Tuesday, August 31, 2010

Absolute Joy

I had an incredible experience last week.

A very close friend of mine was getting married out of town, and I knew that it would be important to him that I be there. My wife (who is a true tzaddeikes in every sense of the word) agreed to load the kids into the car and make the trek to my hometown, where another friend of mine and I would meet and continue on to the wedding while my family spent time with my parents. After the wedding, the two of us would return to spend Shabbos with our respective families.

This friend of mine getting married is a wonderful guy who has had his fair share of struggles in the past; he didn't necessarily fit into the rigid structure of the standard yeshiva, and the loss of his mother years ago gave him a perspective on life that many of his contemporaries couldn't share. He came to my beloved yeshiva years ago, and even after he moved on to other places, we maintained contact.

While he reiterated numerous times that he didn't expect me to make the trip and would have no complaints if I didn't attend, I still felt that if I could work it out, I should. Nobody told him about out plans, so when I showed up at the wedding hall, he was flabbergasted to see me. I wish I had a picture of his reaction...

In any event, the wedding was a truly beautiful occasion, and during the dancing, something wonderful happened.

I wanted to write about this sooner, but the words that would accurately describe the atmosphere, the buzzing energy that filled the hall during this amazing simcha, seemed to be beyond me. Even now, I am struggling to find appropriate terms for what I believe everyone who was there felt. The pure joy that permeated the hall was tangible; the air positively crackled as family and friends held hands and danced their hearts out, stamping their feet, whipping around in circles of increasing speed, whirling like dervishes in the middle for the newlywed couple. Middle aged men staggered out of the circle, red-faced, sweaty, and smiling, inspired by the mood enough to act out of character. I felt myself transported back a few years, to my own wedding - which was really the last place that I had completely thrown myself into the dancing - and there was something powerful moving me.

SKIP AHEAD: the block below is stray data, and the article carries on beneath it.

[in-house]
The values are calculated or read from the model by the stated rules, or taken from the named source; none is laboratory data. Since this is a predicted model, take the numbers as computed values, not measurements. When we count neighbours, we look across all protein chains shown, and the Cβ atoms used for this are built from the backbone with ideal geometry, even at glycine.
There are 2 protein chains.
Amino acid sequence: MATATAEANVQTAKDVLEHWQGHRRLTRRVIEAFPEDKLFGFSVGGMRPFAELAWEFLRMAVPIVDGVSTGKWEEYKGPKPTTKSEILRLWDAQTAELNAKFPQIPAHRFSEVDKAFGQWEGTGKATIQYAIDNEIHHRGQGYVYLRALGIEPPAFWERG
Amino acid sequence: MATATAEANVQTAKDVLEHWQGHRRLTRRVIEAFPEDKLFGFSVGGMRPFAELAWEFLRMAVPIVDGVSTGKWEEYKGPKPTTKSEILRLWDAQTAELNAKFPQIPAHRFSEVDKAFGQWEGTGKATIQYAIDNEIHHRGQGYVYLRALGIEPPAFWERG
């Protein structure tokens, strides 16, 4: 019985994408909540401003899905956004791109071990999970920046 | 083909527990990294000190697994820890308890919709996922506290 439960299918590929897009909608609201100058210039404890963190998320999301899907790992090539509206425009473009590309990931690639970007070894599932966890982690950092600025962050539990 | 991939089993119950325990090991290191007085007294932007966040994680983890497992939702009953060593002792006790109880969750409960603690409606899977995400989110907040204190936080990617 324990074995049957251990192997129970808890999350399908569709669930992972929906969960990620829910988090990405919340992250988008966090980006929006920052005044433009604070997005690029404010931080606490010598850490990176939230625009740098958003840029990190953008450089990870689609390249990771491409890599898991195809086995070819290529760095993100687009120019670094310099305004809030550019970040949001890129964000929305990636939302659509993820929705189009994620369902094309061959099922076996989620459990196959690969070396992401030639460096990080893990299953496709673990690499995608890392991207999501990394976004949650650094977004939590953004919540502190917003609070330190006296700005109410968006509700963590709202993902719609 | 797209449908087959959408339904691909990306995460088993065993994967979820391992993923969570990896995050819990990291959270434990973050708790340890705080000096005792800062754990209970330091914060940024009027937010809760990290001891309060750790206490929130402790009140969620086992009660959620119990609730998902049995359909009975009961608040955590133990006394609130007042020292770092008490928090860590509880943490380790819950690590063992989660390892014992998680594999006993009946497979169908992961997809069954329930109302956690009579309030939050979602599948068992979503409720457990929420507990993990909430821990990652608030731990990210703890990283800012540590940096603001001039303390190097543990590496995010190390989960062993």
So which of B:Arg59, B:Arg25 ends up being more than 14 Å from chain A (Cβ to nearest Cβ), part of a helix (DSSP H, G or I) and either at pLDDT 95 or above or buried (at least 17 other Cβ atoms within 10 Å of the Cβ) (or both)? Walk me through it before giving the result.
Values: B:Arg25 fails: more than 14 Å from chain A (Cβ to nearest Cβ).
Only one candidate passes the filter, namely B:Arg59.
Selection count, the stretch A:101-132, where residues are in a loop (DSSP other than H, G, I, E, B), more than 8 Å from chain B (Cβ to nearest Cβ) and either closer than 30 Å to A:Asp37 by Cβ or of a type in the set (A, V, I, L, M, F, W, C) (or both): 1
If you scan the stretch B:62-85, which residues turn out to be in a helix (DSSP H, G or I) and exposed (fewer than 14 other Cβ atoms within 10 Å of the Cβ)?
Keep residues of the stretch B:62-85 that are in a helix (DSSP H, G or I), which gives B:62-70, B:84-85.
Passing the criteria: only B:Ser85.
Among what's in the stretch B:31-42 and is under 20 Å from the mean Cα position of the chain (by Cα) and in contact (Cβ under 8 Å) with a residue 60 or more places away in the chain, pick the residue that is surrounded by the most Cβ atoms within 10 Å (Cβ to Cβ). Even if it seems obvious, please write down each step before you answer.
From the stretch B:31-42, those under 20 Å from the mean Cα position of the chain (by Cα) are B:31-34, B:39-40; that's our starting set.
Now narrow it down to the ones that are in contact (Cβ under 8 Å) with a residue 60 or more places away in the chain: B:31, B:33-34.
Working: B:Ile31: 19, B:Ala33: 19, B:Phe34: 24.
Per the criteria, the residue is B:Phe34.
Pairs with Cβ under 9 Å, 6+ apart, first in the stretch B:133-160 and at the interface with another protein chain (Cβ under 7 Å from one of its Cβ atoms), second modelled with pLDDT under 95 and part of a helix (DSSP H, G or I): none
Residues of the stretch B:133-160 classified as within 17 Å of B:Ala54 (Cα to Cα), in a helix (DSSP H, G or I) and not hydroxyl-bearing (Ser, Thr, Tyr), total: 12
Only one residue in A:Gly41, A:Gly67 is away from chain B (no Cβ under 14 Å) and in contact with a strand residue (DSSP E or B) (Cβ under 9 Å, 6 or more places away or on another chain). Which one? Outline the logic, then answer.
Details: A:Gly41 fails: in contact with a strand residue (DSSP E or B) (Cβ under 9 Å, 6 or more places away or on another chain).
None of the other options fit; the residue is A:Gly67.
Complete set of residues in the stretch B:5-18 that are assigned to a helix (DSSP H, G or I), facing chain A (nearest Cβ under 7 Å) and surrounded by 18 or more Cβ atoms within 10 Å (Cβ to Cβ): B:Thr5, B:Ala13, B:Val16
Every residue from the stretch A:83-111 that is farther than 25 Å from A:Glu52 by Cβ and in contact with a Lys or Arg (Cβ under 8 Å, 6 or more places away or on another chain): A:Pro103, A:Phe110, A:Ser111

For me, seeing my friend in such a state of happiness brought things into a certain clarity: all of his paths and trials - all of the questions and issues - led to this moment; a resounding crescendo of ecstasy that points a finger to the heavens and acknowledges that every choice we make brings us to certain points in our life in which Gods providence is clear and undeniable. Standing for a moment amidst the revelry, surrounding by spinning bodies with the bass from the DJ's speakers traveling up my feet and into my heart, I knew that I had to savor this moment, this rush of true joy.

I sat down at the first available seat and just tried to ride on the feeling that I was having, rocking back and forth. I wanted to grasp and cling to the awesome hergeish, to bask in it, but more importantly to internalize it and carry it with me, as if one could bottle a beautiful summer day and sell it. After all, this is a large part of what we're striving for: tapping into those deep emotions and feelings, and then holding onto them tightly.

I didn't know what else to do, so taking a page from Rebbe Nachman, I turned my feelings into a prayer. I asked God to look around at the joy that was so clear and whole, that filled up the space of the hall and left no room for anything else, certainly not negativity. I begged Him to take this same feeling and expand it, to bestow it on the entire world, to let everyone know this kind of simcha and to completely remove any lingering sign of sadness, bitterness, sickness, or strife. That this coming year, 5771, should be a year of only simcha, the year of the final, redemptive simcha in which all the righteous ones will dance around HaShem "sitting" in the center, and will point towards Him, crowning Him in the way that it was always meant to be...

What a beautiful time I had...


Anonymous said...

What beauty your sentiments express I felt it. thanks

Anonymous said...